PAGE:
If Torn Curtain is remembered for one thing, without question it’s the murder of Gromek. Even the films naysayer’s have to accept defeat when it comes to this particular scene and admit it’s brilliance. Hitchcock deliberately made the scene as long and drawn out as possible, wanting to prove to the audience that killing a man isn’t as easy as it looks in the movies, it takes a bit more work, and indeed we see Armstrong and the farmer’s wife’s struggle in completing the act, as a knife, a shovel, and finally a gas oven are put to use. The fact that there is no music during the scene makes it even more excruciating to watch. We hear nothing but the noises of Gromek and Armstrong wrestling about the room, the sound knife breaking off in Gromek’s chest after he’s been stabbed and of course the noise of the oven. Even with the visceral nature of the scene, Hitchcock still found a way to inject some humor into it, with Gromek making the sly remark “Tell the cookie she should put that down, she’s going to cut your fingers off” after noticing the farmer’s wife coming at him with a knife. Hands down it’s the best moment of the film, just a masterfully constructed sequence, one that’s more than deserving to stand alongside scenes such as the finale of Saboteur (1942) on the statue of liberty, the Mt. Rushmore scene from North By Northwest (1959) and the shower scene from Psycho, amongst other iconic Hitchcock moments. The brief exchange between Armstrong and Gromek before the murder is smothered in tension, and speaking of intense, the second half of the film couldn’t get anymore. With a film like this there is always a sense of danger hovering above every scene given the subject matter, as it’s always a possibility that Armstrong’s cover could be blown at any moment. This is especially the case when Sarah is being interrogated, and keep in mind this is before Michael has told her the truth, so there’s always that element to keep us on edge, but it’s when the two try to make their escape when Hitchcock really lets us have it. Almost immediately after getting out of one dangerous situation, they’re yanked right into another. From their almost unbaringly tense ride on the supposed “safe” bus run by Pi, where along with being followed by the military they face other hang up’s such as belligerent passengers and checkpoints, to the scene in the theatre, (which is pure Hitchcock through and through) and the finale involving a very creative use of prop crates of all things, we barley get any breathing room, Hitchcock is in full control. Like any good spy movie, there’s plenty of intrigue to go around in terms of the inner workings of the Pi network, can this or that person be fully trusted, who is this or that person really working for and other things of that nature, so the suspense certainly isn’t in short supply.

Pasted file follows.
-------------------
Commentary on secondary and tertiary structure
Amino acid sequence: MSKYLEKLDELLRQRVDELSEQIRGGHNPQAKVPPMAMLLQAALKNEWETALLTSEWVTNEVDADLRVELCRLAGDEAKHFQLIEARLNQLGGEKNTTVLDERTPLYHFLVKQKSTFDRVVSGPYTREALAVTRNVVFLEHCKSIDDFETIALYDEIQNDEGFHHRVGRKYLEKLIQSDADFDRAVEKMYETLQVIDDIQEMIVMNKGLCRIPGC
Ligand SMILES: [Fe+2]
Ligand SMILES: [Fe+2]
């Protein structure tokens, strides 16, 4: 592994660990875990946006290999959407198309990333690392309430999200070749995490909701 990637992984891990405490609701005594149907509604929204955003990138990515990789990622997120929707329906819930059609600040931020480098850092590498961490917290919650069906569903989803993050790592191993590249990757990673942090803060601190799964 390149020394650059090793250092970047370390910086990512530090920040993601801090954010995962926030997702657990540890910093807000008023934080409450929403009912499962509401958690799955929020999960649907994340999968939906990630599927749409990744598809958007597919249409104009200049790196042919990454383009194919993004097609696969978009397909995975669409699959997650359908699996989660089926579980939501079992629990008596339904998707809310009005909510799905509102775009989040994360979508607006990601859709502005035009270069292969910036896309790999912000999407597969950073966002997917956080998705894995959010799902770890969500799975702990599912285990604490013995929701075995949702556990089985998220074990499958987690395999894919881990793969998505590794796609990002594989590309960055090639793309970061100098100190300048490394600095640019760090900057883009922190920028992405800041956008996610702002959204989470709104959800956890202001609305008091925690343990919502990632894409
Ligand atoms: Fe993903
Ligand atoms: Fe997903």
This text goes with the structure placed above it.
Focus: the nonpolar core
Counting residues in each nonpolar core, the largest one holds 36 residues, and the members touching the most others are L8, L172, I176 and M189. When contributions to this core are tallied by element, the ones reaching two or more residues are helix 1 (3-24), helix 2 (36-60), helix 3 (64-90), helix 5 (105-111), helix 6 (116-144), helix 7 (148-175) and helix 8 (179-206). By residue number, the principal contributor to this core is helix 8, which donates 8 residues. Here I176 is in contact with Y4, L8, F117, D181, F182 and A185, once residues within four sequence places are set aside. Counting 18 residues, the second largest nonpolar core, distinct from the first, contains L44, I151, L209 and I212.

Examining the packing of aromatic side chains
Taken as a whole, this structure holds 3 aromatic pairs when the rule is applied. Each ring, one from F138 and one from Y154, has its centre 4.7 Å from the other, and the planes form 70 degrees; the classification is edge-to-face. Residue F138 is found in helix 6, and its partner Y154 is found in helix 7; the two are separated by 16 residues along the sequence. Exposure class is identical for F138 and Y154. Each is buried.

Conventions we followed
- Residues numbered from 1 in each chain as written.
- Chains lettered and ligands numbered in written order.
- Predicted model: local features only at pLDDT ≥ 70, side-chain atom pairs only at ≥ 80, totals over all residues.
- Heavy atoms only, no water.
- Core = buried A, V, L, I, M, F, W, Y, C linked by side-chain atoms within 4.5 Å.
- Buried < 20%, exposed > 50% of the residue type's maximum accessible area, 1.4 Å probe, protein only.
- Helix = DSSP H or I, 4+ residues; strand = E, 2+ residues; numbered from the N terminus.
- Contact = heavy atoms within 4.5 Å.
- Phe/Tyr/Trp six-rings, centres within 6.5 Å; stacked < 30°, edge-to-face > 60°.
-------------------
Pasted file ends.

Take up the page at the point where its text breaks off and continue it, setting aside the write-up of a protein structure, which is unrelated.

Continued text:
Torn Curtain seemed to get the short end of the stick even before the film went into production. Numerous re-writes had to be done to the script and even when filming began things didn’t get any easier. It’s been said that both Newman and Andrew’s high salaries ate into the films budget, plus it’s well known that Hitchcock and Newman didn’t get along all that great. Newman was a method actor which drove Hitchcock crazy, and the two had many disagreements over the script, as Newman would later put it “I think Hitch and I could have really hit it off, but the script kept getting in the way”. Throwing another wrench into the proceedings was the fact that longtime Hitchcock collaborator Bernard Herrmann, who’s score for the film was written before filming ceased, left the project when the music he composed for the film wasn’t upbeat or “pop” enough to Universal’s liking, and they’re were no opportunities for Julie Andrews to possibly sing in the film. (I realize that the studio heads were thinking economics here, wanting to make whatever aspect of the film as commercially appealing as possible, but come on. A “pop” score for an intense spy thriller? The genius of Hollywood at work folks). Hitchcock replaced Herrmann with John Addison who rewrote the score (I love the film’s main theme by the way). Even with all the hassles that went into getting the film made, I still say it deserves far more credit that it gets. Am I saying it’s one of Hitchcock’s all time greatest films? No, but it’s nowhere near what it’s reputation would have you believe. If anything it’s a prime example of Hitchcock’s persistence as a filmmaker. Even with all the elements seemingly working against him, he was still able to deliver an incredibly gripping film that’s more than worthy your time that holds up well on repeated viewings (dated politics aside, but that goes without saying), one that I’ll continue to stick up for.

Last edited by HannibalGuy; 10-11-2012 at 09:23 PM..